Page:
Contrary to expectations, giving consumers prices so they can shop for health care services may only have a modest effect on reducing health spending
March 2, 2016 — Contrary to expectations, giving consumers prices so they can shop for the best value for non-urgent medical services may only have a modest effect on reducing health spending, says a new analysis from the Health Care Cost Institute (HCCI). Although a large portion (43%) of annual health care spending is for services in which consumers could shop for based on price, less than 7 percent of total spending is actually paid out-of-pocket by consumers for shoppable services. That means for the vast majority of health care spending, providing incentives or information to steer consumer behavior will have limited effects on improving the value of the health care dollar, says the researchers.
“There is not that much savings to be gained from consumer shopping for many non-emergency services,” says Amanda Frost, an HCCI researcher who authored the report. “While we strongly believe that consumers are entitled to price information and to know what they are going to pay prior to any health care service, we shouldn’t rely on price transparency as a way to create savvy shoppers to save health care dollars,” she says. Frost and her colleagues say more attention should be paid on directly engaging providers and payers—both insurers and employers—since gains from consumer price shopping are limited.
HCCI’s report, “Spending on Shoppable Services in Health Care,” examined 2011 claims data for people under age 65 with employer-sponsored health insurance. Researchers looked at total spending on shoppable health care services, which are ones that can be scheduled in advance. Examples include: flu shots, non-emergency hip or knee replacement, colonoscopies, urinalysis, and blood and strep tests. Prescription drugs and devices were not considered shoppable in this analysis.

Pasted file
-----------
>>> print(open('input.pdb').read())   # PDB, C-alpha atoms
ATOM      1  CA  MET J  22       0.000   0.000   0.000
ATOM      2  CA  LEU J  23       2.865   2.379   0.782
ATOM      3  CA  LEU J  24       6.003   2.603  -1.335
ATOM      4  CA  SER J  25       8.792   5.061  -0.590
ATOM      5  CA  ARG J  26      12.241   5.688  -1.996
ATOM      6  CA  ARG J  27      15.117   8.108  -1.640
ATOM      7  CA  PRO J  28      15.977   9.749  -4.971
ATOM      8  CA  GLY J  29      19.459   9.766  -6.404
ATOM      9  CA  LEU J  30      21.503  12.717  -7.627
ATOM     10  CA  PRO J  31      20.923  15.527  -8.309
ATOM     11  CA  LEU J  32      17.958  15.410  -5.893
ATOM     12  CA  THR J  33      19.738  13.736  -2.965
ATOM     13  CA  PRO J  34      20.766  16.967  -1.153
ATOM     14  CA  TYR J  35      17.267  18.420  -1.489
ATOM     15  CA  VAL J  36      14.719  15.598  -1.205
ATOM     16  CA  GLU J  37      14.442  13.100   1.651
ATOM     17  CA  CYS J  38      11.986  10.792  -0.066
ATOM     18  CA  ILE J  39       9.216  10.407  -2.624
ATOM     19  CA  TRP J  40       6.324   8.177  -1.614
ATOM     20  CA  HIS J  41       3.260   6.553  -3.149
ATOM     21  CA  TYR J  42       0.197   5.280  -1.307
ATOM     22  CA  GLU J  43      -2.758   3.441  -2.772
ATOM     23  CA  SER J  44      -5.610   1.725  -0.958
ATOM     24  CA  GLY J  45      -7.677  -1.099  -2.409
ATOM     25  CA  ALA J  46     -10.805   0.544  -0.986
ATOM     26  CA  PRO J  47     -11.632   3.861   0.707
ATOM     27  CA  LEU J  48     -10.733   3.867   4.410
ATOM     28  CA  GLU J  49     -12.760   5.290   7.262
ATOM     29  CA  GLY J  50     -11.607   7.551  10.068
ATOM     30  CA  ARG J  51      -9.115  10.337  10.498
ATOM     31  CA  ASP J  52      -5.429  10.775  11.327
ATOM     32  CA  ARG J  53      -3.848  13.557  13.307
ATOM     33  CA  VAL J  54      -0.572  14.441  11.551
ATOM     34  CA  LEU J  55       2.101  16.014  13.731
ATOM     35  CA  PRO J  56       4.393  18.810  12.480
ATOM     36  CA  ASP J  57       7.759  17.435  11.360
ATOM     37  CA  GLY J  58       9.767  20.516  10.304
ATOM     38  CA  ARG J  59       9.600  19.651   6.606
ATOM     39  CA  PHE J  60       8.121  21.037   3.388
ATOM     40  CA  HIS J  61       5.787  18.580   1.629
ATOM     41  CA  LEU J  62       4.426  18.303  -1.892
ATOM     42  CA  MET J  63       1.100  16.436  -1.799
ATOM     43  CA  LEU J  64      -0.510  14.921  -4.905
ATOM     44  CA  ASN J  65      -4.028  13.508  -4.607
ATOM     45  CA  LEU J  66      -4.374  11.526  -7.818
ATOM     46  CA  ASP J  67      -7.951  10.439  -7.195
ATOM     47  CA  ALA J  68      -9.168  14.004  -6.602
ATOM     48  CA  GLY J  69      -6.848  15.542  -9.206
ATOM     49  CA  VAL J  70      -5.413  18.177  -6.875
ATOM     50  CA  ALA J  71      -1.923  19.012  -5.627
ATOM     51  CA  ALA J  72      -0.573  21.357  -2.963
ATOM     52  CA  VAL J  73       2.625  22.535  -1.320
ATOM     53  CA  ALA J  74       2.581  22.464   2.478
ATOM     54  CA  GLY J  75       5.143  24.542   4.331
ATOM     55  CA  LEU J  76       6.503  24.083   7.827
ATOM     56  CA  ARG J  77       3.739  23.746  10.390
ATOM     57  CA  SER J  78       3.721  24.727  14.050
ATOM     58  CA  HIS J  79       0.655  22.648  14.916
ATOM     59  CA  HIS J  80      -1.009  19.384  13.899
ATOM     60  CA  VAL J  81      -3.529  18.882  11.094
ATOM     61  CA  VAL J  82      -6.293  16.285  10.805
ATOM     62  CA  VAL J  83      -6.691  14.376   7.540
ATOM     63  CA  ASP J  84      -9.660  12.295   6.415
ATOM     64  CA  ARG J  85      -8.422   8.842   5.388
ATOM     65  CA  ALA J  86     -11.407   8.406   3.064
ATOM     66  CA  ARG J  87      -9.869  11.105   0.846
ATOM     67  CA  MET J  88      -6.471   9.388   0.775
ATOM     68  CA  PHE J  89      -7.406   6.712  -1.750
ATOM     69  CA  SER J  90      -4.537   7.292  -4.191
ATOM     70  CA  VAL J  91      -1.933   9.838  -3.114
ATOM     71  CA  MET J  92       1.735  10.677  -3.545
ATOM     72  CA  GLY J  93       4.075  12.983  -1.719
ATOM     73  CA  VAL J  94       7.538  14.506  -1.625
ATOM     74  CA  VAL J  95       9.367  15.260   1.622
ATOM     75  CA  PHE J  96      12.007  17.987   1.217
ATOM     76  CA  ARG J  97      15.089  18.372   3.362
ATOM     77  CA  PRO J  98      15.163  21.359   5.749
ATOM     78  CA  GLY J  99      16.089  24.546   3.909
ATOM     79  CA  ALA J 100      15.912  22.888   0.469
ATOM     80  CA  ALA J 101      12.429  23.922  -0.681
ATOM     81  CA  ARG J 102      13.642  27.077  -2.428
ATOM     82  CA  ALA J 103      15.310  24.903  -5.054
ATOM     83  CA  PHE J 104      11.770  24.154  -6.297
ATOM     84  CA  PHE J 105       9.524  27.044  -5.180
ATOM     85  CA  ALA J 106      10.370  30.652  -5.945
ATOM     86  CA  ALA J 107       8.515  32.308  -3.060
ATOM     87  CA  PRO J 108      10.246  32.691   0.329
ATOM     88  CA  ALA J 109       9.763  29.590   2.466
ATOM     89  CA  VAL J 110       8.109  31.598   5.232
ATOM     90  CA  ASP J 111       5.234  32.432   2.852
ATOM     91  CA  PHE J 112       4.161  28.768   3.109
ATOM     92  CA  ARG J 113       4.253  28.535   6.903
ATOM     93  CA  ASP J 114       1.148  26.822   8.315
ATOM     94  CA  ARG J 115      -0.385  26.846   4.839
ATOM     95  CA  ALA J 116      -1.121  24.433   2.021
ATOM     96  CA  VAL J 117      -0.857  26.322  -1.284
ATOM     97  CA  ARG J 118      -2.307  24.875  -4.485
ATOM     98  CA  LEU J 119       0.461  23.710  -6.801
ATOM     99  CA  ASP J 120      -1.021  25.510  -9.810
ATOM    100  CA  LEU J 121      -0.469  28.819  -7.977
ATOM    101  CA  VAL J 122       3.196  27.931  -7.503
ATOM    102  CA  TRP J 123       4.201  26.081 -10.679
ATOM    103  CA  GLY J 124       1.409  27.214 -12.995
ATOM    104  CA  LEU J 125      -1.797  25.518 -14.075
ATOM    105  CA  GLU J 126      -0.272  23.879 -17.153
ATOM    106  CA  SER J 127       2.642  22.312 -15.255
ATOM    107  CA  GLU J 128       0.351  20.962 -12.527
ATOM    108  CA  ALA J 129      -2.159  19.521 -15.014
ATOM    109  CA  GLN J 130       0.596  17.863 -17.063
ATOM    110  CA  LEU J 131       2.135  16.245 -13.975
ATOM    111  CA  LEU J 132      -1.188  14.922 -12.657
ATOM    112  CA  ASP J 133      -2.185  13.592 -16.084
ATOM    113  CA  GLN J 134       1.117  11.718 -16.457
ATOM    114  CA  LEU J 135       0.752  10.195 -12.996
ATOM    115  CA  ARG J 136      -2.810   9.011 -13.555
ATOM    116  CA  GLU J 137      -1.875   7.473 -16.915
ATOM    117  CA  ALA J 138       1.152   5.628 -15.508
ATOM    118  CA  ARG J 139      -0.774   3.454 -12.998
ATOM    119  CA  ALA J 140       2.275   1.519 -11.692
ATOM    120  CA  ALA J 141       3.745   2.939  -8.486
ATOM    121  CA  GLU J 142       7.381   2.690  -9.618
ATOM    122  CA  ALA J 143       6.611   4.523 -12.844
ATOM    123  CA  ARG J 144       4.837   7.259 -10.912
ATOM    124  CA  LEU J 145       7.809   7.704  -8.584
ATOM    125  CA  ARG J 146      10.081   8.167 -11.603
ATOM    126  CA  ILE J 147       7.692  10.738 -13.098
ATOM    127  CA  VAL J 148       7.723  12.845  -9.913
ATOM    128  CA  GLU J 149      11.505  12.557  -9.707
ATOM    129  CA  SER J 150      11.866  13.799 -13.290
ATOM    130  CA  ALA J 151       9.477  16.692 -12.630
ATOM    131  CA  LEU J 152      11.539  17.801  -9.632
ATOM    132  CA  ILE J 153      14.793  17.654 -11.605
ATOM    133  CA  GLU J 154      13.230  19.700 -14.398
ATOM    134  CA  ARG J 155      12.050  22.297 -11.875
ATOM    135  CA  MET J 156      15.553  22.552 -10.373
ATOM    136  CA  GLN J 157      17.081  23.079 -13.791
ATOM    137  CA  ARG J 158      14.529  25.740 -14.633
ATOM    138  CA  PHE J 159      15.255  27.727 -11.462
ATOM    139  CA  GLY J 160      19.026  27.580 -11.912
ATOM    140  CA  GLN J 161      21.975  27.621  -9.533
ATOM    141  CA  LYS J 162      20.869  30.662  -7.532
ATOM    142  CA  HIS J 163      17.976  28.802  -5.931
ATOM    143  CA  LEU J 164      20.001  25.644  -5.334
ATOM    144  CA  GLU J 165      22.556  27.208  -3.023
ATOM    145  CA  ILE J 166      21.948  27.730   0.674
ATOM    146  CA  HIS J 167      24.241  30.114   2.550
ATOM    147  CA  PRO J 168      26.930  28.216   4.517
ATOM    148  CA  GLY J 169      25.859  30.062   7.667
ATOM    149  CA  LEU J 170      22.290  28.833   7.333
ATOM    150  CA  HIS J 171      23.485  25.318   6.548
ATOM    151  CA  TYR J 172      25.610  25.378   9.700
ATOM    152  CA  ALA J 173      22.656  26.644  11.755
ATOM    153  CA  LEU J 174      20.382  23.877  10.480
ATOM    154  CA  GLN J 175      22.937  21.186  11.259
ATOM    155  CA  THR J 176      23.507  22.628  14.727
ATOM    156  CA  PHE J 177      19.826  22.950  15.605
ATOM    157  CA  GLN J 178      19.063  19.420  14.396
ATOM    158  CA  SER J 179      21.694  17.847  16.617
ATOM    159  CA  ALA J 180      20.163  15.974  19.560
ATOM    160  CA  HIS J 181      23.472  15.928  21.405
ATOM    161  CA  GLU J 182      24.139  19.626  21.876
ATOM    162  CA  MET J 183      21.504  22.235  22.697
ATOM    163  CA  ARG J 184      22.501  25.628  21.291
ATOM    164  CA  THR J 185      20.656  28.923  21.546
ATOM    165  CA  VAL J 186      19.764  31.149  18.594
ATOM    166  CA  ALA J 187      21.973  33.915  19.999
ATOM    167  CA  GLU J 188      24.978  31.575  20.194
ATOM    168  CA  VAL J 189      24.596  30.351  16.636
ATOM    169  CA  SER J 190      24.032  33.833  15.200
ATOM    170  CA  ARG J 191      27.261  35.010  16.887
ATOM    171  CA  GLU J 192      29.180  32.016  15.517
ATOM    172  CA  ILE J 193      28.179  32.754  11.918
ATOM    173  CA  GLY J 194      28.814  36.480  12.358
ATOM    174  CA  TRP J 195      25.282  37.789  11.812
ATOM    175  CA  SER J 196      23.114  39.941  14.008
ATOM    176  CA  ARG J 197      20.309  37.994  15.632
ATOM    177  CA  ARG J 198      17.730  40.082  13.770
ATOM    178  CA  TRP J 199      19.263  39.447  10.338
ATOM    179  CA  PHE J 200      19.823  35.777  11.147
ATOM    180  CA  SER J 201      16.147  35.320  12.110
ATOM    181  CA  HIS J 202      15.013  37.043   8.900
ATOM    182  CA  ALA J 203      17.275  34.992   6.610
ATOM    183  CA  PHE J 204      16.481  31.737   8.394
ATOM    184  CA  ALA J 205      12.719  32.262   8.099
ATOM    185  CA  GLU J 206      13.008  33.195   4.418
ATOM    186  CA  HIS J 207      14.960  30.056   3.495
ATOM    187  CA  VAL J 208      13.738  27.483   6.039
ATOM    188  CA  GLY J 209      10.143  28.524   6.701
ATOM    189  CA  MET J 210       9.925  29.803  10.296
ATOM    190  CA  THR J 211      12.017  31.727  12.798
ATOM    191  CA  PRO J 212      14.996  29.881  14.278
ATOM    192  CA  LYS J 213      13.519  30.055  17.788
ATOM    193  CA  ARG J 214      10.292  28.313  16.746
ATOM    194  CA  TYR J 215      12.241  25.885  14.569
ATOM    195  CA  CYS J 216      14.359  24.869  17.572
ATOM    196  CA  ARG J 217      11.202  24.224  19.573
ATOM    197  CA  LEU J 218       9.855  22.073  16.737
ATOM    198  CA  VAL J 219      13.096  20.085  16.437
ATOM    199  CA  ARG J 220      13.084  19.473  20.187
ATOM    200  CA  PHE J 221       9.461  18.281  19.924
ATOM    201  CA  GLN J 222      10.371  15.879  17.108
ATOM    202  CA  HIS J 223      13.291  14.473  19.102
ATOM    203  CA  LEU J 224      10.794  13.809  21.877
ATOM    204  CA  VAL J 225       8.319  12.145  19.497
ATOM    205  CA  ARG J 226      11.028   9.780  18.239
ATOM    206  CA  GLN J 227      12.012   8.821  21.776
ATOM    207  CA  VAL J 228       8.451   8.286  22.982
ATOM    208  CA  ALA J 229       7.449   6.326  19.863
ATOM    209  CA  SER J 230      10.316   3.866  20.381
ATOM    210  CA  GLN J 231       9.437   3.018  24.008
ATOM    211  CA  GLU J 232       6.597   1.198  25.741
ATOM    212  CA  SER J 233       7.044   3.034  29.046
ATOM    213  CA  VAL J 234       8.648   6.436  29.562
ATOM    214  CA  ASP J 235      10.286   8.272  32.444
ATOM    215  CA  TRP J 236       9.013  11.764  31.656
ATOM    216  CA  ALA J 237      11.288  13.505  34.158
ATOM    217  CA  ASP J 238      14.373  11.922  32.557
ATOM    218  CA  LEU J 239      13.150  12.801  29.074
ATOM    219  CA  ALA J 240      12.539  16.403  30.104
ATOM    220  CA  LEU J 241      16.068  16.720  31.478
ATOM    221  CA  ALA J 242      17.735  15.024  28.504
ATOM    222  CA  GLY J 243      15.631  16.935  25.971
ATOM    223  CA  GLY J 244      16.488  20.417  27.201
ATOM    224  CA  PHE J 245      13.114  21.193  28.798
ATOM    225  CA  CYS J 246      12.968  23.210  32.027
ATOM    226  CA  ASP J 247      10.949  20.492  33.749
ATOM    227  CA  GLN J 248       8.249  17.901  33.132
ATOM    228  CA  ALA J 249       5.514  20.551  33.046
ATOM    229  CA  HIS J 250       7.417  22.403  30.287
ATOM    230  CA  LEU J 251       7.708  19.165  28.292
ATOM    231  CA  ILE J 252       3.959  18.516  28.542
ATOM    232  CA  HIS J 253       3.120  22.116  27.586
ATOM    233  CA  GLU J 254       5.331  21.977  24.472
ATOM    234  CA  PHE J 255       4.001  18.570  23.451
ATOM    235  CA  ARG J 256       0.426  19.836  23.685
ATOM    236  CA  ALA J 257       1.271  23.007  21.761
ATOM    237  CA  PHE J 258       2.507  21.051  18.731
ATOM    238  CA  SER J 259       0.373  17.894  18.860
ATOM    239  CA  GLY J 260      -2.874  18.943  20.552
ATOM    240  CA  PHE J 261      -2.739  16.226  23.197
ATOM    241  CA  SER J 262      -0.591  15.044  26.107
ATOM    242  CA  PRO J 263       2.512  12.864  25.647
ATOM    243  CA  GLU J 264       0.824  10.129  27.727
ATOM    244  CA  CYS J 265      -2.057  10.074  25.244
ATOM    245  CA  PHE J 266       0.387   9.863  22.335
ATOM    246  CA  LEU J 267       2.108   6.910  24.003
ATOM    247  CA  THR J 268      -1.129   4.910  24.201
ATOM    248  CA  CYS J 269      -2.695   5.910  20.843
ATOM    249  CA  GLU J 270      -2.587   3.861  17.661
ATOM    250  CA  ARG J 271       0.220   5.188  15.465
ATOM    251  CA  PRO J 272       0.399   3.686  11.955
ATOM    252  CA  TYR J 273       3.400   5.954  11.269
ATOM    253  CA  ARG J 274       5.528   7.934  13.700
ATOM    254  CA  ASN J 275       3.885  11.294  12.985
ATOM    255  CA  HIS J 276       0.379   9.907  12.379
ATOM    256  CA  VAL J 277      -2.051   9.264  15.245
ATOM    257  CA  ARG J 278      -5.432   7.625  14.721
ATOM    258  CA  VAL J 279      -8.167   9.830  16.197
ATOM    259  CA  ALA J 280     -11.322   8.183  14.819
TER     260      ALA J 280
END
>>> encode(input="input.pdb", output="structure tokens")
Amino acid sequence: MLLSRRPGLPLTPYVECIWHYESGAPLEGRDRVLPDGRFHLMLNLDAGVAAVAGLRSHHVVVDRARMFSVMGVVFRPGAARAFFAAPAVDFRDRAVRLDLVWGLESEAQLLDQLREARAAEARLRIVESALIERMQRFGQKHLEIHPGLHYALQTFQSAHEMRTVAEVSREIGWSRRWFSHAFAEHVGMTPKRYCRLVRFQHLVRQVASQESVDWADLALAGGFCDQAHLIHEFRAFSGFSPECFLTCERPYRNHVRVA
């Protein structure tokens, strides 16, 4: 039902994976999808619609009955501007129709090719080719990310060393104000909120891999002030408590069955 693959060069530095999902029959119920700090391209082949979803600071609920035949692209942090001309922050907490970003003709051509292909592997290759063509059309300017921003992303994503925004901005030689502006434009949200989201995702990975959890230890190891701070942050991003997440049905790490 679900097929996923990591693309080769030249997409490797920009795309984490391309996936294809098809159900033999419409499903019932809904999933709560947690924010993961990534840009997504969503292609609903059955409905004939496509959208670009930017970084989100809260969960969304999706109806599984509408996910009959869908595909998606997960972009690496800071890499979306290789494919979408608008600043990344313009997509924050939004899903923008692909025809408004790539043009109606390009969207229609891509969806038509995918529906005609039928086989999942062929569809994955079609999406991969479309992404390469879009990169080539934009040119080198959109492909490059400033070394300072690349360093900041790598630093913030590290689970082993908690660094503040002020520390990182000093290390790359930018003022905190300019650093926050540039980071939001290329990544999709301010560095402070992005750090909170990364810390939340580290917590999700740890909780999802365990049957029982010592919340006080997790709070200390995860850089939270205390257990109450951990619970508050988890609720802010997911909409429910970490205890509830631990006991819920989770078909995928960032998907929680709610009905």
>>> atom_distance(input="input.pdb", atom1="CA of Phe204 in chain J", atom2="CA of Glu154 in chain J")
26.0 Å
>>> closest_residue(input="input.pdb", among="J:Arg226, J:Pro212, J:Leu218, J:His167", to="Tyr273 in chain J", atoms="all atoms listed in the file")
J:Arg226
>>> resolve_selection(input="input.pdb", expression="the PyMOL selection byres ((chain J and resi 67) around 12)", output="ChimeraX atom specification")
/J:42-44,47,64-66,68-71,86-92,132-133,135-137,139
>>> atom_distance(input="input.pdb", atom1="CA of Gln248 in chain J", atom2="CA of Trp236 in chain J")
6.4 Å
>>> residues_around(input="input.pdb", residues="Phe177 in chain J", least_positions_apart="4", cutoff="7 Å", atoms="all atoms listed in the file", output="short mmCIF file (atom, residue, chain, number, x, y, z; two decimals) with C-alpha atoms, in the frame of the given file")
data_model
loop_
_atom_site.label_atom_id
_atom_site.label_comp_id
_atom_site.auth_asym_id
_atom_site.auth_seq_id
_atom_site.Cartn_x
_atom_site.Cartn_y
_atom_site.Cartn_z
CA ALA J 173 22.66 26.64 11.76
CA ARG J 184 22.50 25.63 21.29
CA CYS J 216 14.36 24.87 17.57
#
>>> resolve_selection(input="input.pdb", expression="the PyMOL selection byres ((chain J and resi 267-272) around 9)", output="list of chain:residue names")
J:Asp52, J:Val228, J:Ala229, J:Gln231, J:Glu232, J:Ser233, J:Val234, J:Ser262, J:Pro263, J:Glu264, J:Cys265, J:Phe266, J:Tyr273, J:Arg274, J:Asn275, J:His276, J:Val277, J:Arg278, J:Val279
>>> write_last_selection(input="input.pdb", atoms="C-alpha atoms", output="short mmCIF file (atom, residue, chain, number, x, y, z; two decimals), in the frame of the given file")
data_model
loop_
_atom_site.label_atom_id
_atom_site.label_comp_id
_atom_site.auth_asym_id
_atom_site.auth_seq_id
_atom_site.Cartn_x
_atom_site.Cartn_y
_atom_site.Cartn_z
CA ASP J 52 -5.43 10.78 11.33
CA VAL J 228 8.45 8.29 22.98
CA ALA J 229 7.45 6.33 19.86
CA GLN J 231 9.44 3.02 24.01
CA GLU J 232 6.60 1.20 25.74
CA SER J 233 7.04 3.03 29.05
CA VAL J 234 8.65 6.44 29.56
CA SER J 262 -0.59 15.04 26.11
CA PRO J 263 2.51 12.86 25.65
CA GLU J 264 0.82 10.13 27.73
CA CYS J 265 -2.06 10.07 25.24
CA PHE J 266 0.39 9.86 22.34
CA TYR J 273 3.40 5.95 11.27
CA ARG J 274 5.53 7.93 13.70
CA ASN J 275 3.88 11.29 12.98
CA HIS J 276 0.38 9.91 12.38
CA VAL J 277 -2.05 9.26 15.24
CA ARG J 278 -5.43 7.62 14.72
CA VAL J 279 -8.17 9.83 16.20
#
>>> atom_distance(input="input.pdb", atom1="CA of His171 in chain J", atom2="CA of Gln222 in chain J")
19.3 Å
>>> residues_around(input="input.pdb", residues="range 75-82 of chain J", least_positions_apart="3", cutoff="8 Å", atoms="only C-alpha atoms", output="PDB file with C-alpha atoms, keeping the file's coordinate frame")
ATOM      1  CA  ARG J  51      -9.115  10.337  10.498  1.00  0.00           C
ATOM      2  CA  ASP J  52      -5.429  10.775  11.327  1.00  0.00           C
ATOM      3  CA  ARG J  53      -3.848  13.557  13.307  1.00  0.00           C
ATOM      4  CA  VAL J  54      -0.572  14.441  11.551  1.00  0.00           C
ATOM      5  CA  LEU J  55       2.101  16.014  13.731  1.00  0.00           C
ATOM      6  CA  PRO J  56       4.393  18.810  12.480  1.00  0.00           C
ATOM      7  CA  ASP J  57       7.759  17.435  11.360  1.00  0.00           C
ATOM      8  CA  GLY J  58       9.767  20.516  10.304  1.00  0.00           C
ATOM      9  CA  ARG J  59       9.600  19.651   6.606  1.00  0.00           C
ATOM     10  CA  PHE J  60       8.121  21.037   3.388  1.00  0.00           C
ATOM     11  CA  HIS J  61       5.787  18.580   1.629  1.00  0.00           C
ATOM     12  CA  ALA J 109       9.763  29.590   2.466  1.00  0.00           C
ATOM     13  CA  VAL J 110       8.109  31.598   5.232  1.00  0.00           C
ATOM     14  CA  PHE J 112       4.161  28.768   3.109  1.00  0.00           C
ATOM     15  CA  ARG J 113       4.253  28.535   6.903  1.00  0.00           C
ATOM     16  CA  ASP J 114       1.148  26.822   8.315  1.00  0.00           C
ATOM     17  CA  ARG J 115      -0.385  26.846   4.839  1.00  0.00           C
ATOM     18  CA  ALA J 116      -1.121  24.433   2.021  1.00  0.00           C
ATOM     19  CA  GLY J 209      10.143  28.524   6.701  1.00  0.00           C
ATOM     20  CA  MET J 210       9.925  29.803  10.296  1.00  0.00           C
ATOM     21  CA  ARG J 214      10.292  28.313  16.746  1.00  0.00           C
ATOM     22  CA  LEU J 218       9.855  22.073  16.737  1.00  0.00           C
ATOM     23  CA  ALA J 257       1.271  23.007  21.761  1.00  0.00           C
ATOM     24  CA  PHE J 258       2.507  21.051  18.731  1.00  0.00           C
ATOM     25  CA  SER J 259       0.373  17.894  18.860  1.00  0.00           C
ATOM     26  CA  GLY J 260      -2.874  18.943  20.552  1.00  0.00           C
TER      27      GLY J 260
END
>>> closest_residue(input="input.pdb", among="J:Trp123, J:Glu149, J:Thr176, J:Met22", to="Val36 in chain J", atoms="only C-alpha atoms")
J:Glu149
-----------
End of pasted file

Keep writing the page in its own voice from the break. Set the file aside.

Highlights of what they found:
- In 2011, about 43% of the $524.2 billion spent on health care services for commercially insured people was considered shoppable. More than half of spending was on non-shoppable services.
- About 15% of the total spent on health care for the commercially insured—nearly $81 billion—was spent out of pocket.
- $27.7 billion, about seven percent of the total, was spent out of pocket on shoppable services.
- Most out-of-pocket dollars (44%) were spent on shoppable ambulatory doctor services.
Health insurance benefit design strongly influences what a consumer pays out of pocket. However, HCCI shows that consumers hoping to use price shopping to lower their coinsurance and deductible payments could influence only about 65 percent of their out of pocket payments per year. Price shopping will generally have little effect on copayments since these are typically set amounts and will not vary.
Researchers also found that consumers may gain little from shopping for many outpatient services, and they found more price variation in inpatient services than in outpatient services. The study found that prices varied more for the non-shoppable inpatient services than for the shoppable ones.
Knee and hip replacements, inpatient services that are often pointed to as one to shop for, had less price variation than other services. The authors say shopping for knee and hip replacement is not a bad idea but it really depends on where you live. A knee replacement in Palm Bay FL, for example, costs $16,822 more than the same surgery 180 miles away in Miami. Shopping in some markets may be more useful than in others.There was much greater price variation for hip and knee replacement in Kentucky, Texas and Georgia than in Montana or Hawaii.
“Consumers are entitled to price and quality information but we need to be realistic about how much having this kind information can drive changes in the market,” says Lynn Quincy, of Consumers Union, who along with Frost, and HCCI Executive Director David Newman, has written an accompanying Health Affairs blog post titled “The promise of what health care consumerism offers is overstated.”
The researchers say that payers, employers and other stakeholders should focus on targeting spending more directly. “Consumer shopping is important but it should not be at the fore of delivery system design. Since providers are setting the prices, it makes more sense to directly engage them and payers because they are in the best position to exert downward market pressure on prices,” says HCCI’s David Newman.